AU: RBA Announcement


Mon Sep 04 23:30:00 CDT 2017

Consensus Actual Previous
Change 0bp 0bp 0bp
Level 1.5% 1.5% 1.5%

Highlights
The Reserve Bank of Australia has again left its main policy rate unchanged at a record-low 1.50 percent, in line with the consensus forecast. This rate was last changed in August last year, when it was cut by 25 basis points.

The statement accompanying today's decision repeats last month's assessment that global economic conditions are on the improve, despite medium-term risks to the Chinese growth outlook. Officials consider recent data to have been consistent with their forecast that domestic growth will gradually pick up over the coming year, with a decline in mining investment expected to "soon run its course" and investment elsewhere in the economy strengthening. Residential construction is expected to remain strong but not grow significantly from current levels. Officials highlight recent employment gains but also note that wage growth remains low and is set to stay this way, with this factor and high household debt expected to restrain consumer spending.

The inflation outlook is unchanged, with only a gradual increase from current low levels expected. Officials also have retained their assessment that the recent appreciation of the local currency will help keep price pressures subdued and represents a downside risk for output and employment growth. Any further appreciation, they argue, would likely result in downward revisions to growth and inflation forecasts.

Today's statement suggest there has been little change in the RBA's policy views. Although recent currency appreciation suggests that lower policy rates would be helpful to support domestic activity, officials seem confident that recent data are in line with their growth forecasts. Concerns about already high levels of household debt are also likely to weigh against any rate cuts, suggesting that recent policy stability is likely to continue in the near-term.

Definition
The Reserve bank of Australia (RBA) announces its monetary policy with regard to interest rates on the first Tuesday of each month with the exception of January when it is on vacation. The RBA is the central bank of Australia and its duty is to contribute to the stability of the currency, full employment, and the economic prosperity and welfare of the Australian people. It does this by setting the cash rate to meet an agreed medium-term inflation target, working to maintain a strong financial system and efficient payments system.

Description
The Reserve Bank of Australia's (RBA's) main responsibility is monetary policy. Policy decisions are made by the Reserve Bank Board with the objective of achieving low and stable inflation over the medium term. Other responsibilities include maintaining financial system stability, while at the same time promoting the safety and efficiency of the payments system. The RBA regards appropriate monetary policy as a major factor contributing to the Australian dollar's stability, which in turn leads to full employment and the economic prosperity for Australia.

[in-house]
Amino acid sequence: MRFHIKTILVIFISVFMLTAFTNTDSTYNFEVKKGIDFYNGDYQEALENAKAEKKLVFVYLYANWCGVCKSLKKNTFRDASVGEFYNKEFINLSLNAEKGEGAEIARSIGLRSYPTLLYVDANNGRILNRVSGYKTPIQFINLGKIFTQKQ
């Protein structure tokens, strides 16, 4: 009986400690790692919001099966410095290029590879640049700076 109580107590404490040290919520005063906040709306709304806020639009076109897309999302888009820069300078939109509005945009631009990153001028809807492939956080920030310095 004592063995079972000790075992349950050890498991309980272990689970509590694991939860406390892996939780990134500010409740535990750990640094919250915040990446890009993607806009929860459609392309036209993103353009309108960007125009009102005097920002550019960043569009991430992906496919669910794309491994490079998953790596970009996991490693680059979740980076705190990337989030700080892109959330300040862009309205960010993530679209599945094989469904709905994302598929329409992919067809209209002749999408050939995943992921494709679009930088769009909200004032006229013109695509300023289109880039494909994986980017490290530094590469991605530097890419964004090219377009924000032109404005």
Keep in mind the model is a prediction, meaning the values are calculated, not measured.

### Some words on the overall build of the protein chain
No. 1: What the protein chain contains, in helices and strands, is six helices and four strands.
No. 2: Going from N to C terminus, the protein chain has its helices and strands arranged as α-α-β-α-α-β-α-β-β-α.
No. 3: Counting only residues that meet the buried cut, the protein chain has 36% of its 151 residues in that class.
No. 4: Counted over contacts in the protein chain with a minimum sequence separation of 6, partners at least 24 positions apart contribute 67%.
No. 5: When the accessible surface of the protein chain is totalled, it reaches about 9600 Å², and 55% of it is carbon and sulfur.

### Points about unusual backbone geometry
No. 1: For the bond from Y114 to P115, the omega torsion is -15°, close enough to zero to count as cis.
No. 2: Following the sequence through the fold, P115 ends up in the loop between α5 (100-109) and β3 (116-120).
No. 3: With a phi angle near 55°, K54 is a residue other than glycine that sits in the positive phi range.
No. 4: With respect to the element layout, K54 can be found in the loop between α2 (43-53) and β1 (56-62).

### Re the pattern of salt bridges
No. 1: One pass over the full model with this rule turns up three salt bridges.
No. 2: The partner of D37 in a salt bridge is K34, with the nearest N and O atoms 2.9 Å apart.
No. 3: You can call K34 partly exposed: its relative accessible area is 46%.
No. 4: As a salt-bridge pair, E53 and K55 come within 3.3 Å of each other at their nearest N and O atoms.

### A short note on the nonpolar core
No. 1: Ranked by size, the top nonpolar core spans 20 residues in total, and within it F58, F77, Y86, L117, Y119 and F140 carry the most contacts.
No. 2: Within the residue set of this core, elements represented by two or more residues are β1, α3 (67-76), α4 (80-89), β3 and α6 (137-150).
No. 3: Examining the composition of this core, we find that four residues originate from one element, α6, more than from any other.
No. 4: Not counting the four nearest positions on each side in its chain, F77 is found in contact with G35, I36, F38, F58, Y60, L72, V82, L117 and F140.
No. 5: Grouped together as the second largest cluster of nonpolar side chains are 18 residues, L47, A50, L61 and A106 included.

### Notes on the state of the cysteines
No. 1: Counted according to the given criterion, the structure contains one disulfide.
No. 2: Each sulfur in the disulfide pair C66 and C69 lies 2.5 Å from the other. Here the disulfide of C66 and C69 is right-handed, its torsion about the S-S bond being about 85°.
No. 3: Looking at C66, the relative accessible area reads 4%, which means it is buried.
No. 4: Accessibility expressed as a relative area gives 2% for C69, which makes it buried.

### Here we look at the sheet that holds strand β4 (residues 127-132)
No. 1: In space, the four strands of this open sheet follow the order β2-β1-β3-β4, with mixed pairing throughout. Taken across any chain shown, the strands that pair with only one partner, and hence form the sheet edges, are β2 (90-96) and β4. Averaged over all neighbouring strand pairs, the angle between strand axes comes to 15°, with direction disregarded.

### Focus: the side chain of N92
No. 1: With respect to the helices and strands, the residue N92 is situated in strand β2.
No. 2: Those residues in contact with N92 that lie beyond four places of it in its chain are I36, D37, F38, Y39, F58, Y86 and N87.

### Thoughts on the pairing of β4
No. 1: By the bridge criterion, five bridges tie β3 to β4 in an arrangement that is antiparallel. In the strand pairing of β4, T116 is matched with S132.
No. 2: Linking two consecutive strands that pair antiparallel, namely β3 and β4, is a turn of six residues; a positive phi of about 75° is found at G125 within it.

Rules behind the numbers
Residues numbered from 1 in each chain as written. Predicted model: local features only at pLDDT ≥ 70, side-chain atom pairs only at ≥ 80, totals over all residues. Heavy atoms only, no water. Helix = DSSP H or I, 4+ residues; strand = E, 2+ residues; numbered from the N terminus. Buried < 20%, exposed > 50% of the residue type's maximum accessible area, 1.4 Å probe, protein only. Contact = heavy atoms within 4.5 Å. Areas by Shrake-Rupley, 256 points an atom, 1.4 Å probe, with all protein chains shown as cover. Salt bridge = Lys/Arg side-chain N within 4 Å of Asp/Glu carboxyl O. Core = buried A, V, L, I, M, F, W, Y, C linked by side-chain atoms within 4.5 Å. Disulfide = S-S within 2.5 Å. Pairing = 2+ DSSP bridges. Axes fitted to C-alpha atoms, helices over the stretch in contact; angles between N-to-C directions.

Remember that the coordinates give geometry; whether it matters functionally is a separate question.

The RBA is unique among the central banks - it has two boards with complementary responsibilities. The Reserve Bank Board is responsible for monetary policy and overall financial system stability. The Payments System Board has specific responsibility for the safety and efficiency of the payments system.

The RBA sets an interest rate at which it lends to financial institutions. This interest rate then affects the whole range of interest rates set by commercial banks and other institutions for their own savers and borrowers. It also tends to affect the price of financial assets, such as bonds and shares, and the exchange rate, which affect consumer and business demand in a variety of ways. Lowering or raising interest rates affects spending in the economy.

The level of interest rates affects the economy. Higher interest rates tend to slow economic activity; lower interest rates stimulate economic activity. Either way, interest rates influence the sales environment. In the consumer sector, few homes or cars will be purchased when interest rates rise. Furthermore, interest rate costs are a significant factor for many businesses, particularly for companies with high debt loads or who have to finance high inventory levels. This interest cost has a direct impact on corporate profits. The bottom line is that higher interest rates are bearish for the financial markets, while lower interest rates are bullish.